Could more Bitcoin adoption be a motivation for greener energy?
Over the years, Bitcoin has been a subject of comparison over the conventional means of transacting and storing money.
The banking system and gold have been compared to Bitcoin in terms of efficiency and their growing appetite for energy, which has led to a back and forth argument from supporters and opponents of this growing innovation.
A report published by nasdaq.com recently defined Bitcoin’s energy use to be less than half of what the gold industry uses and less than one-fifth of that of the banking economy.
Due to this lofty comparison, many anti-bitcoin maxis have argued in disagreement with this comparison, stating that it should not be a metric for comparison without factoring in the efficiency of these systems alongside their energy use comparison.
The Banks are giants of the financial industry. They facilitate payment and ensure deposit and other monetary transactions are simple and practical between individuals, institutions, organizations, and governments.
They are so large that the market capitalization of the top ten banks globally is estimated at USD 2trillion. While it is difficult to estimate the true energy consumption of this mighty system, many reports have been established that try to estimate this and establish a comparison.
Source: Nasdaq estimate
Bitcoin is a digital asset and the first successful cryptocurrency, created by Satoshi Nakamoto (Pseudonym) with the primary aim of replacing the current financial systems.
A handful of merchants accept Bitcoin and users, pegging its market capitalization at $889.35B.
Unlike the Banking system, it’s not difficult to estimate Bitcoin energy consumption. As of the time of the publication of this writing, the energy allocation to all of Bitcoin’s mining operations annually is estimated to be 121.54TWh.
Heightened concerns about Bitcoin’s energy consumption and its negative environmental influence.
Earlier this year, Elon Musk, the doge father, has publicly denounced bitcoin adoption as transactional currency for his Tesla vehicles. His reason was supposed to be because of Bitcoin’s thirst and hunger for fossil fuels to power and sustain its mining operations, leading to different environmental concerns.
This has since then sparked a lot of outrages online, some in support of this narrative while others in clear disagreement. Since then, bitcoin adoption and its increased energy consumption have been controversial.
Several people want Bitcoin to adopt the proof of stake consensus model, which uses other methods from energy output to secure transactions carried out on its system.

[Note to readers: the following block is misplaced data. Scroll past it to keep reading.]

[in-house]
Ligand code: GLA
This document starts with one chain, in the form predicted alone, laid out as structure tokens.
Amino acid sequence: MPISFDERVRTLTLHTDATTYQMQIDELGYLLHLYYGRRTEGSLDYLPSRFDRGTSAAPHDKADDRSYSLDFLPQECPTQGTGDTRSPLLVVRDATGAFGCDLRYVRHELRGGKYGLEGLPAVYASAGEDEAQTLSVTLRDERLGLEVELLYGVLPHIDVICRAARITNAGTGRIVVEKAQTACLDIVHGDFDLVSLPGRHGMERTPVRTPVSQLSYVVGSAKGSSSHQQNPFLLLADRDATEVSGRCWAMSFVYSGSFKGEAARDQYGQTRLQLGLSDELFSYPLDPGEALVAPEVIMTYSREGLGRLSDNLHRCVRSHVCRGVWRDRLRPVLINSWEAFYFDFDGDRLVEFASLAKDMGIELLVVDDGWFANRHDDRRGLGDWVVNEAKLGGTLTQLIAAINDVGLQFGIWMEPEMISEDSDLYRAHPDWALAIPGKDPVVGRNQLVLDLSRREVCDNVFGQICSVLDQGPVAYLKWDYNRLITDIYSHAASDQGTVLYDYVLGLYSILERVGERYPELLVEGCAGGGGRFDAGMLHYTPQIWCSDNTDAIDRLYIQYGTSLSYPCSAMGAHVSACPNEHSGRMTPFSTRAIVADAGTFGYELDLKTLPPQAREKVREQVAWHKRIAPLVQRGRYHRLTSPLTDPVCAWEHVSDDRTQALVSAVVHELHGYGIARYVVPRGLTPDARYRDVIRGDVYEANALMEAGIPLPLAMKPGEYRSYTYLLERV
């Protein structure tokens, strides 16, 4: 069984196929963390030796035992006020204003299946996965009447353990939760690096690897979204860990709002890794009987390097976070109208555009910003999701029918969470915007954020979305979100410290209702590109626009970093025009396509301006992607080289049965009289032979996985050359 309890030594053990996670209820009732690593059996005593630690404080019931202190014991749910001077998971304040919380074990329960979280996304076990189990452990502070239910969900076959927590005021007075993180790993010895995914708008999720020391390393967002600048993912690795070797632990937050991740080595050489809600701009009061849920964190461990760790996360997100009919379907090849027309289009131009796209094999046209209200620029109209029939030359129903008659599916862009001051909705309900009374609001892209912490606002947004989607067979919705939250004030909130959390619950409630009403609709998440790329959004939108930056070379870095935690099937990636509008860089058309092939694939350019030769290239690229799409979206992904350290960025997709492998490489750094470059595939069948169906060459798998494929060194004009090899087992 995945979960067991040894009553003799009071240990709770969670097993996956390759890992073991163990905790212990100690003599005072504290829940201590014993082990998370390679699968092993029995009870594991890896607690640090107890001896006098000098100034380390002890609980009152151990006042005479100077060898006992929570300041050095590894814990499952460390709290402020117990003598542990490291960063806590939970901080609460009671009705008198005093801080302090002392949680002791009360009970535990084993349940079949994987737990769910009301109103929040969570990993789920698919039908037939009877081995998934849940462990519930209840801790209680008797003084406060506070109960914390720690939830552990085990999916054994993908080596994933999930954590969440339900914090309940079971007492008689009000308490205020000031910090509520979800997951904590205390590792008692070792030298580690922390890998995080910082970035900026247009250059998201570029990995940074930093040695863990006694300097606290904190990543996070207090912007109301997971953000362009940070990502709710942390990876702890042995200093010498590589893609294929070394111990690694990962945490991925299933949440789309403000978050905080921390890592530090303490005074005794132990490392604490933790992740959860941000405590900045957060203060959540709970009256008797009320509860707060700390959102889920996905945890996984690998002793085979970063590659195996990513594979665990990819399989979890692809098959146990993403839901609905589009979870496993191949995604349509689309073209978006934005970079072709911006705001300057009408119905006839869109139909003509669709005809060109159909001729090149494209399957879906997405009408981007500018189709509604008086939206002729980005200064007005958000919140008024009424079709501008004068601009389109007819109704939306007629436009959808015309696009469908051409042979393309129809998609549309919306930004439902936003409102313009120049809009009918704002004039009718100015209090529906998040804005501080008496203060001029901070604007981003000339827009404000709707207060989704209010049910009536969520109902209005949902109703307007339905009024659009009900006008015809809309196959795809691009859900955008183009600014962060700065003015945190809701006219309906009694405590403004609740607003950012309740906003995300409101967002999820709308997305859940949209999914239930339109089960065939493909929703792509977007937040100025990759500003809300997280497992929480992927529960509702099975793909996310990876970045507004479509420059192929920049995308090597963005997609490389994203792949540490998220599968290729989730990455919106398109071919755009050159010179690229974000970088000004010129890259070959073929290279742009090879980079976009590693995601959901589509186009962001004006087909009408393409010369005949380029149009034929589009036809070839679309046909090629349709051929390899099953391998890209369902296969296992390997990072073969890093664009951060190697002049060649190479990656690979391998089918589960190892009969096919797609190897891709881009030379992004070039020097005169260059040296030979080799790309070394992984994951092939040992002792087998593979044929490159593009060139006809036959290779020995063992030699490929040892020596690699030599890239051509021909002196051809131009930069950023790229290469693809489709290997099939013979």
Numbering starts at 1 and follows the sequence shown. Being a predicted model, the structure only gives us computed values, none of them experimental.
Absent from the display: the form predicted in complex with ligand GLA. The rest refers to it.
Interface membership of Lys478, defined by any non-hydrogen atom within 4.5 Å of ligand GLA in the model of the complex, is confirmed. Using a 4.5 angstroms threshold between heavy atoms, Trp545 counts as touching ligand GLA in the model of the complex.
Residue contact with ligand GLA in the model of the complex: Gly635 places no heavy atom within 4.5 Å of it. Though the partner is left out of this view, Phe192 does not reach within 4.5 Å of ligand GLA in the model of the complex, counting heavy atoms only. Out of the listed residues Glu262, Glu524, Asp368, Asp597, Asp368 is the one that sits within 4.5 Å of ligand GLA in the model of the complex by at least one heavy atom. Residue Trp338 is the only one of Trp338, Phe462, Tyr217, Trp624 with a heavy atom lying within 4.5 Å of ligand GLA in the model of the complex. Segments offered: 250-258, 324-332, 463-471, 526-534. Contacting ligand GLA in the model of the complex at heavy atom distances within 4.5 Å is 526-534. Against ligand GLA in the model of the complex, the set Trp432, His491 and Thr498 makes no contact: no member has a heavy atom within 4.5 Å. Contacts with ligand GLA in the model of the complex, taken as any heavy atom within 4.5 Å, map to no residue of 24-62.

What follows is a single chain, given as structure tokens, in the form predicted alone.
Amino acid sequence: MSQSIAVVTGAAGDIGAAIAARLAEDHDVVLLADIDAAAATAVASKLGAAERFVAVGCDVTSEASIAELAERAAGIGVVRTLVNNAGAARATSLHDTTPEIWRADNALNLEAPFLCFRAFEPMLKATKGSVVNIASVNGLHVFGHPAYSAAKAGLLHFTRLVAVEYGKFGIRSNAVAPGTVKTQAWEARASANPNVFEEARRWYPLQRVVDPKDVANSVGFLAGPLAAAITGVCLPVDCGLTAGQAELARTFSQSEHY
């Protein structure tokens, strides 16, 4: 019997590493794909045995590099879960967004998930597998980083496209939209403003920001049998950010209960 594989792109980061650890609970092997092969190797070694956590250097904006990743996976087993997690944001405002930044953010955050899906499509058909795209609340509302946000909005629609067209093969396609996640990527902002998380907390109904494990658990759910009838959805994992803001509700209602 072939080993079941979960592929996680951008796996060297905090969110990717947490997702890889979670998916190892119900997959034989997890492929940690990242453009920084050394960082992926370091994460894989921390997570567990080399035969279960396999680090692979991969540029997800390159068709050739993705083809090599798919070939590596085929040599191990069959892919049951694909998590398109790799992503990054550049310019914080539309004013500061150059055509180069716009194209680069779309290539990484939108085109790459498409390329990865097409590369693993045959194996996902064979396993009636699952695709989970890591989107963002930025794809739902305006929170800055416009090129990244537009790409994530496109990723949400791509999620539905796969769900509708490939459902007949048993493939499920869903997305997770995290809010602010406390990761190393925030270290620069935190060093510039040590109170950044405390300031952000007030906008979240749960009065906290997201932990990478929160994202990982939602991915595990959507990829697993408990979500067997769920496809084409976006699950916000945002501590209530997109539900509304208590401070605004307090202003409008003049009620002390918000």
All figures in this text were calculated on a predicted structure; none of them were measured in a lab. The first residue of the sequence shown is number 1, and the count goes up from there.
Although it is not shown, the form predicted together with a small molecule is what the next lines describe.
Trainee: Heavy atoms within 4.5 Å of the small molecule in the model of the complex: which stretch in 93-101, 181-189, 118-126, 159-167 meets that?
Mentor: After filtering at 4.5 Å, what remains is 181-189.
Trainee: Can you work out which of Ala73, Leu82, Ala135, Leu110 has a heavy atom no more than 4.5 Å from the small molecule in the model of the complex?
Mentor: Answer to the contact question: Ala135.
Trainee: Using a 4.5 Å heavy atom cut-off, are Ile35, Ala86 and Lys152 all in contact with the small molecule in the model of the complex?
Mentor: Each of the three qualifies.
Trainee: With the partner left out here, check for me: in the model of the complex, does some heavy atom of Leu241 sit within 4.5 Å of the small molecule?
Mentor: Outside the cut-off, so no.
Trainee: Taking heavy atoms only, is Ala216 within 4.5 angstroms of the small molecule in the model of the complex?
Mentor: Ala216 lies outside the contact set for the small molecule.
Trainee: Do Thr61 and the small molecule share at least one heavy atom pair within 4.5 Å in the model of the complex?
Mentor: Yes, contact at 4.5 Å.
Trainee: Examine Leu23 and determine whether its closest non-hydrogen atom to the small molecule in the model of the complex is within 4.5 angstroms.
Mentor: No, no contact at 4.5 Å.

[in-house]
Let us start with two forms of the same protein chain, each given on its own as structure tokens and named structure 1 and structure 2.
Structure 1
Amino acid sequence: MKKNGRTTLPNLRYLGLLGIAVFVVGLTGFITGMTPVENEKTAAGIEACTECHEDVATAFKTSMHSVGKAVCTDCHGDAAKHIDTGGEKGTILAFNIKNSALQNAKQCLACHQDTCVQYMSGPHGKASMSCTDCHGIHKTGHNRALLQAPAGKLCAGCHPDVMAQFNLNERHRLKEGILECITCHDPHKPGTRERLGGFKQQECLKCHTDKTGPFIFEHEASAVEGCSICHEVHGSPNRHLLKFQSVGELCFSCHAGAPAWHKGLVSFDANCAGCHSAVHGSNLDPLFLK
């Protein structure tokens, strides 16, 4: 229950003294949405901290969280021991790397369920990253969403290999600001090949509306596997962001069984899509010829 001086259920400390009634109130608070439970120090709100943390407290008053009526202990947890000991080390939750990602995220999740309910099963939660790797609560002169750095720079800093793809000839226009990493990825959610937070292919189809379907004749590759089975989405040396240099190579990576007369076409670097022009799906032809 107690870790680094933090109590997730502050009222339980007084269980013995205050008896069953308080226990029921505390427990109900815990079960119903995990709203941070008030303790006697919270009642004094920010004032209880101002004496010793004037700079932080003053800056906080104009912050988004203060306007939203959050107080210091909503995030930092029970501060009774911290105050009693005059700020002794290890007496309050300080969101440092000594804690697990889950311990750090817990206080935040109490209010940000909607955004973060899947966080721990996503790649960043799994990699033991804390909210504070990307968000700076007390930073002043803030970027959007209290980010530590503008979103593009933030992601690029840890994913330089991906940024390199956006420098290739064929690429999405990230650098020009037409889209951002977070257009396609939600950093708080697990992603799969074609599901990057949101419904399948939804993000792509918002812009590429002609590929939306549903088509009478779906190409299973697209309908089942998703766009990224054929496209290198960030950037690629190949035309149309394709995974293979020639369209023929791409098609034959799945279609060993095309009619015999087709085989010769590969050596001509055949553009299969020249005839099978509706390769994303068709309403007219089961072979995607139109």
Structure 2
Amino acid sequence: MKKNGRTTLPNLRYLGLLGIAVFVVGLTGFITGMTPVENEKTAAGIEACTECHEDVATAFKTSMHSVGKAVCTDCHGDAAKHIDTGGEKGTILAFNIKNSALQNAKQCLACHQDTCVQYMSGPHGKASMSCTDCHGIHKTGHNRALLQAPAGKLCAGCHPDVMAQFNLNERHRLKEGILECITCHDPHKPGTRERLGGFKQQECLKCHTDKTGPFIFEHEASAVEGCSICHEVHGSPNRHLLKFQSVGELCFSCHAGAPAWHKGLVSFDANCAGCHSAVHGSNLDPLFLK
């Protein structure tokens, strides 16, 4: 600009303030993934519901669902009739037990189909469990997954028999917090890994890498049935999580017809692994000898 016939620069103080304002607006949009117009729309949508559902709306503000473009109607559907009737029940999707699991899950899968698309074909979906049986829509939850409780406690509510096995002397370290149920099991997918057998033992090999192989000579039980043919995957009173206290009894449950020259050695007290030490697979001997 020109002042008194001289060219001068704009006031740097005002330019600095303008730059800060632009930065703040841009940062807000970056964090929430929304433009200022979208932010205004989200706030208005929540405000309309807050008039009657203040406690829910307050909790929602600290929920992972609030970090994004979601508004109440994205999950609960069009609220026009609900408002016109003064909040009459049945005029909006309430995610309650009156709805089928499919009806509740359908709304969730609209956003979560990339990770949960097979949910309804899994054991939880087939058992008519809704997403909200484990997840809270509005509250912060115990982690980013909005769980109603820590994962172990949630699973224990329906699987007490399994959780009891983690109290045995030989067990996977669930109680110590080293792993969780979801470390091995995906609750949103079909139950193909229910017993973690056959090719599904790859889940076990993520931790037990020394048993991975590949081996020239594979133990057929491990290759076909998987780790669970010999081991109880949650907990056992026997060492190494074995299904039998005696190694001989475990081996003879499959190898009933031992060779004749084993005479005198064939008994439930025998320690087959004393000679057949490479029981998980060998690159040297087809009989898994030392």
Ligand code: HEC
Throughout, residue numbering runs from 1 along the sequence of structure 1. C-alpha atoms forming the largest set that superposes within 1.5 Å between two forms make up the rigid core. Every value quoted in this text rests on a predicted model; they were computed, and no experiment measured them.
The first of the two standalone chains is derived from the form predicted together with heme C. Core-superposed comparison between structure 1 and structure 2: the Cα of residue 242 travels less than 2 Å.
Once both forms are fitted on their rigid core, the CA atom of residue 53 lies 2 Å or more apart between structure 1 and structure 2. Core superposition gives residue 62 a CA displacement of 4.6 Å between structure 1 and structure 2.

Other known names have also called out the networking giants regarding their enormous energy use.
Proof of Work secures the Bitcoin network by preventing abuses. It requires the service requester to complete a task, typically requiring processing time by the requesting computer. This is the logic behind mining operations; after completing the work or task, the service requesters get Bitcoin as the reward.
Several fears that increased Bitcoin adoption will linearly lead to higher electricity need for securing its network
Reports of how Bitcoin allows for a greener, renewable and clean energy for its Mining Operations.
Proponents of Bitcoin technology have published several reports, such as the coin desk and the spectator. They aim to educate people on how Bitcoin can allow for greener energy usage in contrast to what the majority believe.
They argued that a civilization’s ability to harness energy is one of the primary measurements of its advancement. The recent Bitcoin documentary- This Machine Greens mentioned energy as one of the ways humans transform the basic state of things to a hospitable one. The ingenuity that came with energy production brought about modern life, so it’s difficult to disagree with this report.
Using a great deal of energy is in itself not a crime. The cruise ship industry uses 250Twhr a year, more than twice the Bitcoin network’s energy. American households, devices altogether use an estimated 1375Twhr, 12.1 times that of Bitcoin’s consumption, expended for having household devices respond instantly rather than after a few.
Bitcoin miners need to find low-cost energy to get an edge, which translates to efficient, clean energy. The way incentives work with miners, they have a direct incentive to find the cheapest energy available, and in many cases, the cheapest energy are renewables. Energy sources like wind, solar, hydrothermal, use of flared natural gases like methane has been the major sources of energy for mining operations in the last decades.
Energy scientists found out that more than two-thirds of the energy produced in the world is waste energy because they are produced during hours of the day when there is no demand to consume it or simply because there are not enough resources to move them from locations where they are originally produced to where they are needed.
Bitcoin using all the country’s energy may be technically true, but that is not the full story. A lot of the energy Bitcoin network is consuming is waste energy that otherwise would not have been available to be consumed.
Renewables already account for 39% of Bitcoin’s network Energy use, a number that is increasing all the time against a general renewable energy use of 11%. Cheap power is cheap because it is efficient. It is efficient because there is less waste in turning it into a useful form, and less waste means less carbon, less pollution, and fewer negative externalities- This Machine Green- Bitcoin Documentary
Like shells and gold, Bitcoin uses energy to establish value, unlike other forms of money. Bitcoin’s demand for the most efficient power pushes miners to innovate, obtaining wasted power like flared methane, trapped energy, like remote volcanoes, or simply efficient and therefore clean.